Mr. Speaker, I am pleased to rise in the House to speak to Bill C-475, An Act to amend the Personal Information Protection and Electronic Documents Act (order-making power), which I will refer to as PIPEDA, to make things easier.
I want to begin by putting this bill into context. From May to December 2012, the Standing Committee on Access to Information, Privacy and Ethics conducted a study on social media and privacy. Numerous witnesses testified as part of that study, including Internet and privacy experts, privacy commissioners, community groups and others.
Those witnesses raised the point that more and more information is being gathered and used for business and marketing purposes. In fact, businesses collect this information, use it and share it without the consent of the individuals concerned, which is in violation of PIPEDA.
Given the concerns raised in committee by the many experts from various fields, the wonderful member for Terrebonne—Blainville introduced Bill C-475 in the House in order to try to respond to those concerns and observations from the community and strengthen the bill in question.
I would add that Bill C-475 is attempting to amend an act that has not been reviewed since 2000. Allow me to digress. I may belong to the last generation that can claim to remember the first day when a computer came into the house. This computer was not in colour and the screen was black and yellow and square-shaped, with blurry graphics.
I remember the first time I typed my homework on a keyboard. I was typing with two fingers and this was very time-consuming. I kept hitting the on/off button with my toe. I would always lose my work because there was no autosave feature for documents at that time. In short, I have a whole lot of memories that I might be able to share with my children and grandchildren one day.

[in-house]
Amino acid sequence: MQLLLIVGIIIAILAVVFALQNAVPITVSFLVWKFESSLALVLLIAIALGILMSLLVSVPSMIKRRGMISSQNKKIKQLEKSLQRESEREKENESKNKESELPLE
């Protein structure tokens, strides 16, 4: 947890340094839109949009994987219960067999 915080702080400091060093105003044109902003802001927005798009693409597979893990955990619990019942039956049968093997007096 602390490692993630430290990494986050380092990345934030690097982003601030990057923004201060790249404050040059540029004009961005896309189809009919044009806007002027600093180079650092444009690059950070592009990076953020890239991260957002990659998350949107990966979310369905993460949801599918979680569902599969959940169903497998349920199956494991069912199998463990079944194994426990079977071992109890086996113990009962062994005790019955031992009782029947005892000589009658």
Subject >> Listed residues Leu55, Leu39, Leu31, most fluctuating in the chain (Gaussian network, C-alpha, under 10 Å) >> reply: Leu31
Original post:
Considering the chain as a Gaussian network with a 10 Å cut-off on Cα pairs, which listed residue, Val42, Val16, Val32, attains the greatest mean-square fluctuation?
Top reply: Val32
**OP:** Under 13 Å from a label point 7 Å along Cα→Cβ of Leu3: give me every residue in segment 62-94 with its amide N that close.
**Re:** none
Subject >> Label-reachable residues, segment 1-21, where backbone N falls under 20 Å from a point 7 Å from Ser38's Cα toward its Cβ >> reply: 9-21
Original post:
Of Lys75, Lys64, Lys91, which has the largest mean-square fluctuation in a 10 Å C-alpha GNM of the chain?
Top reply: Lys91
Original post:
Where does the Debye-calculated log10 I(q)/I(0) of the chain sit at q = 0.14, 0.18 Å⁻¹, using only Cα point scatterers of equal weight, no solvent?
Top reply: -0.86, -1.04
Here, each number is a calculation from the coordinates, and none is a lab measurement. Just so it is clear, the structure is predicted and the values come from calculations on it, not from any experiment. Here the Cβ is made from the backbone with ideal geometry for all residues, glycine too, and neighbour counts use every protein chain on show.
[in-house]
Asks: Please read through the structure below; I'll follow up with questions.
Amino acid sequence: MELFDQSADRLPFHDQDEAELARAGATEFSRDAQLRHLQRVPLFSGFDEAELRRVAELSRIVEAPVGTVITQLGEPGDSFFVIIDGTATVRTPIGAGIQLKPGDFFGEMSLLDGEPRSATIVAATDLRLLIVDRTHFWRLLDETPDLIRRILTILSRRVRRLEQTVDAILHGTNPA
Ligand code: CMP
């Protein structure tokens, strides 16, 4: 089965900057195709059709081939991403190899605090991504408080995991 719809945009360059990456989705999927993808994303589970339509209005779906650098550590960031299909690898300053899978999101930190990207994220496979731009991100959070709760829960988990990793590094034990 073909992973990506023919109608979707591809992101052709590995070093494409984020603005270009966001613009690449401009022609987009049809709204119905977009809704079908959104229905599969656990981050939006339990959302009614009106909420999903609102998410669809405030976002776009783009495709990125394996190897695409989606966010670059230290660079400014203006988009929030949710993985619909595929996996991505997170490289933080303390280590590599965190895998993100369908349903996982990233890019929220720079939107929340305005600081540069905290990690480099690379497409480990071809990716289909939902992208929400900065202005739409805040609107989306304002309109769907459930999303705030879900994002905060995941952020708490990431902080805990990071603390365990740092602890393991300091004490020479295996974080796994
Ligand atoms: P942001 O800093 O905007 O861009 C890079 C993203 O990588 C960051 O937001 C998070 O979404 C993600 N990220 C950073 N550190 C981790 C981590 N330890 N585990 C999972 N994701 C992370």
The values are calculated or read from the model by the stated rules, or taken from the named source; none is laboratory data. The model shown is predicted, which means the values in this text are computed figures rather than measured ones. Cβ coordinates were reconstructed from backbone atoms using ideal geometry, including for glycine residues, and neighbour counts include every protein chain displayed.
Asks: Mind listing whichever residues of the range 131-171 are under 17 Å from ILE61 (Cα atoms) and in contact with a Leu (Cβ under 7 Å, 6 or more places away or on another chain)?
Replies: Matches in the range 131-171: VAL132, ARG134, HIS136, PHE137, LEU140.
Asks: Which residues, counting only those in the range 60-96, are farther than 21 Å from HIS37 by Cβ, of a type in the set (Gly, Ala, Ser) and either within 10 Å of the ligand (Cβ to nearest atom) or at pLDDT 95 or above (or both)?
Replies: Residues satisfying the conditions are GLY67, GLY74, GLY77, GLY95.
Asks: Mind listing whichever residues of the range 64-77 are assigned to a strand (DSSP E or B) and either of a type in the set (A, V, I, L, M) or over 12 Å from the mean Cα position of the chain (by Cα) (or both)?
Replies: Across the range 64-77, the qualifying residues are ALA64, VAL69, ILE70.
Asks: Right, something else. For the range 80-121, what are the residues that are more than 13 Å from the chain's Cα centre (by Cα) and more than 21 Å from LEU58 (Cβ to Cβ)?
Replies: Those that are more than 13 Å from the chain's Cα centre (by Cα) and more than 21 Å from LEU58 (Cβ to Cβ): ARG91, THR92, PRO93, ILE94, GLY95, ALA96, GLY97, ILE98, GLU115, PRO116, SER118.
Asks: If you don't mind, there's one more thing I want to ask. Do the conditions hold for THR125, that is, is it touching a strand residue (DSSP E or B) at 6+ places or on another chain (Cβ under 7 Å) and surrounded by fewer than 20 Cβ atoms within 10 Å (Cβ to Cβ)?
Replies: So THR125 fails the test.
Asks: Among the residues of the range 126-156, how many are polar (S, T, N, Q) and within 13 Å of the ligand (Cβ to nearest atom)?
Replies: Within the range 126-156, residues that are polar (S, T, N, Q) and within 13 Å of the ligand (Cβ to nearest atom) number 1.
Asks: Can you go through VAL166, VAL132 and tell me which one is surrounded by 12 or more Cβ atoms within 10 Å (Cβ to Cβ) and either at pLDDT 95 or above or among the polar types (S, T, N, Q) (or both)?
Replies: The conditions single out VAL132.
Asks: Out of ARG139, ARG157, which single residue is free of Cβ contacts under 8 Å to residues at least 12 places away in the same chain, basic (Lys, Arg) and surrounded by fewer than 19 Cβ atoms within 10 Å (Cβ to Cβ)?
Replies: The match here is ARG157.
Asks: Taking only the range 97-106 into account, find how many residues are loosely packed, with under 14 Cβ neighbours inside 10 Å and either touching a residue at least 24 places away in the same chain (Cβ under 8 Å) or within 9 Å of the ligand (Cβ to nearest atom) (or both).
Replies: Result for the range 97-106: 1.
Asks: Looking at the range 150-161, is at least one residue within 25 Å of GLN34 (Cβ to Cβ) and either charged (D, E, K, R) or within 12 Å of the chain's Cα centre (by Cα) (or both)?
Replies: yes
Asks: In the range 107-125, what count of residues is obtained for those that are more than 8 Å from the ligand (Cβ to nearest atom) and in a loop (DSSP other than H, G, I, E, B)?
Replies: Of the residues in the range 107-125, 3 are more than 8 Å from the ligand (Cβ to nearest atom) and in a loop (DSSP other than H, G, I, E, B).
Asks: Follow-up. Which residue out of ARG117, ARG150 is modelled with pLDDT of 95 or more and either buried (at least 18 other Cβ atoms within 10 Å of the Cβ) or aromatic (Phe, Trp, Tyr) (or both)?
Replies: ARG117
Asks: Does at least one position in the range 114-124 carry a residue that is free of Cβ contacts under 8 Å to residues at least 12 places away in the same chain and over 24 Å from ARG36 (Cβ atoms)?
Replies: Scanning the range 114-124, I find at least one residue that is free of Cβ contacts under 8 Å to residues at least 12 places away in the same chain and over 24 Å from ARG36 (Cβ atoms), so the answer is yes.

In the meantime, I will point out that it is completely absurd that a privacy act has not been reviewed since 2000. I think I do not need to say more on that subject. It is high time we made changes to this act.
First, Bill C-475, which amends an act that needs to be updated, grants powers of enforcement to the Privacy Commissioner of Canada. Moreover, the commissioner herself emphasized that she wished to have these powers when she appeared before the committee. In other countries and in certain Canadian provinces, the law provides for measures that give more powers to the commissioner. However, this is not the case for Canada. We hope this will change soon.
Who is the commissioner and what powers does she have exactly? This is a good question, and it has to be answered before we say her powers must be increased. I will take the definition used by the Canadian Internet Policy and Public Interest Clinic of the Faculty of Law at the University of Ottawa, which describes the commissioner as follows:
The Privacy Commissioner of Canada acts as an ombudsman who investigates complaints and negotiates solutions.... While the Commissioner does not have the authority to order an organization to change their personal information policies or procedures she may make public any information relating to the personal information management practices of an organization.
That summarizes the commissioner's existing powers. Bill C-475 would enhance those powers.
The commissioner recommends that organizations that refuse to implement the measures she suggests be required to abide by the law and comply with deadlines set by the commissioner, and even be liable to a fine in cases of non-compliance.
The commissioner therefore needs a little more power over Internet-based offenders.